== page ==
A translation where Jesus talks about why he teaches using metaphors and other symbolic tools, like stories, etc.
This parable may have a better interpretation viewed through the lens of mysticism than the traditional "us versus them" approach.
It seems that no concept that the mind can hold within it will be able to explain the nature of Ultimate Reality.
Jesus became a symbol of the "Lamb of God," the flip side of the "scapegoat" of the egoic enemy.
Yes, actually, I think there is a Way. But it's perhaps not the Way that most people think, desire, or hope, but I suggest it is Divine.
Mythologies run in cycles. We may be in the middle of a massive paradigm shift in the myths which point to our deepest meaning and identity in the cosmos.
Some have argued, including myself, that the ancient prophets wrote symbolically, metaphorically, and not literally. But is that really the case?
It's taken more time to write about this reconstruction, because it is perhaps a more sensitive subject, and more complex, than any I have written before about Mormonism or Christianity, yes, even more so than Jesus or Joseph Smith (which might be an indication that something is off-kilter). The Salt Lake City based Latter-day Saints take the Book of Mormon very seriously as a holy text, as scripture revealed by God, similar to the Bible, and perhaps even more important than the Bible. The Book of Mormon is one thing that makes them unique, their own testament of the divinity of "Jesus Christ," which they believe is also evidence of the unique prophethood of Joseph Smith and the divinity of the church he organized as God's "true church." But I think the truth may be much more nuanced.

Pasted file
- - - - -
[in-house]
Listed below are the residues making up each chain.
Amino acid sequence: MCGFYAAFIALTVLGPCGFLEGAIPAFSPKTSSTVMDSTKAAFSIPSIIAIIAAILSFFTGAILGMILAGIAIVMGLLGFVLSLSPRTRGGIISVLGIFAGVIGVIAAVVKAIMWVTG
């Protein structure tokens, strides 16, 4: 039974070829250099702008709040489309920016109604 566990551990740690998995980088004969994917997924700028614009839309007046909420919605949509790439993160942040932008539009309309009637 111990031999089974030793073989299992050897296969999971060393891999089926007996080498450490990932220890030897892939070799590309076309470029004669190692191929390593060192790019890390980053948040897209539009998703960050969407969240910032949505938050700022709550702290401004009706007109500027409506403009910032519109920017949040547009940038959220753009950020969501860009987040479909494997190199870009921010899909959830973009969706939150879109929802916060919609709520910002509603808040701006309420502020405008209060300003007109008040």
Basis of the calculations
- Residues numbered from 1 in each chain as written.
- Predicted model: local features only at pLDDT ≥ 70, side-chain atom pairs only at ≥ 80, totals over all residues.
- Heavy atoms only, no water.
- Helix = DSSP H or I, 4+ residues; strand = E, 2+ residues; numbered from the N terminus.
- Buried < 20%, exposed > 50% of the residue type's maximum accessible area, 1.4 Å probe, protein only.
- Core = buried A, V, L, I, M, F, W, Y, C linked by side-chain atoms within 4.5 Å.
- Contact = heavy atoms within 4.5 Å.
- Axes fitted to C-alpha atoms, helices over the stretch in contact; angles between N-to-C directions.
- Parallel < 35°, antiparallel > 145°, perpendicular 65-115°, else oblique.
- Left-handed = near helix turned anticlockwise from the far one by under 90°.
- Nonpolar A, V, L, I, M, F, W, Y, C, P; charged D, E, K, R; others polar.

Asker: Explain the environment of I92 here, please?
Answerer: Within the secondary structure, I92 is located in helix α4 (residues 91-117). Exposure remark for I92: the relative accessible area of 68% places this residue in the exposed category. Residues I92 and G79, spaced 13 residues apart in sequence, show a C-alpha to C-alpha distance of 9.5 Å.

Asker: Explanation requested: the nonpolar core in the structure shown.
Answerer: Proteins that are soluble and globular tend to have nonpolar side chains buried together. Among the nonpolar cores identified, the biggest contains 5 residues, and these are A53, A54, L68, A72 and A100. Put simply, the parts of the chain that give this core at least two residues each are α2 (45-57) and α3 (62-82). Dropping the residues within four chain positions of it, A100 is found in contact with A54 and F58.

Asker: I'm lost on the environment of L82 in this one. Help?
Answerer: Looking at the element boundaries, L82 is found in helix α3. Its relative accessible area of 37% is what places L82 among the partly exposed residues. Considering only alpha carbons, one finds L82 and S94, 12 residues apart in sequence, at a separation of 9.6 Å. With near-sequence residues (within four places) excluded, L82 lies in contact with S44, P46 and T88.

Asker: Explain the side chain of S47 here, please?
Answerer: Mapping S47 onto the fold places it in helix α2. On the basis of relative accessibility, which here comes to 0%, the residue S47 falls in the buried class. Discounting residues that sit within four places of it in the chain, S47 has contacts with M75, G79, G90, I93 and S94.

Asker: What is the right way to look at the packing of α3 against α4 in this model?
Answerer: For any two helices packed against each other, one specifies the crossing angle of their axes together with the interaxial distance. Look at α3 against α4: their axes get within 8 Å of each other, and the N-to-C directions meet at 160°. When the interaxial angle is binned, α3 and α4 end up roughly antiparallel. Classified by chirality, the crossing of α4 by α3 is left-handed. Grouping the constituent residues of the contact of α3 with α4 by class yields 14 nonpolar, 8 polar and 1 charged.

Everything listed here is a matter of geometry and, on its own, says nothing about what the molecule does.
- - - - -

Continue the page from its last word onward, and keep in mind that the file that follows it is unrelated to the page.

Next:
It is true that traditionally God and Christ have been predominantly associated with the male gender and masculine principle (a "He"), at least in the West. What we need to decide today is if that traditional interpretation, these symbols of the Divine, are still valid, and accurate, and if they point to truth in the present, or if we need a better interpretation of these symbols as a society, a culture, in our interspirituality, in the world today.
At times I feel like much religious terminology and symbolism has failed to bring unity to our modern culture and global society, and that we need new terms and symbols to point to these highest realities for which we yearn. New religious movements often emerge under such conditions (and there are tens of thousands of these movements in the world today). But I'm not sure that helps, but just further divides us, each believing they have "the truth."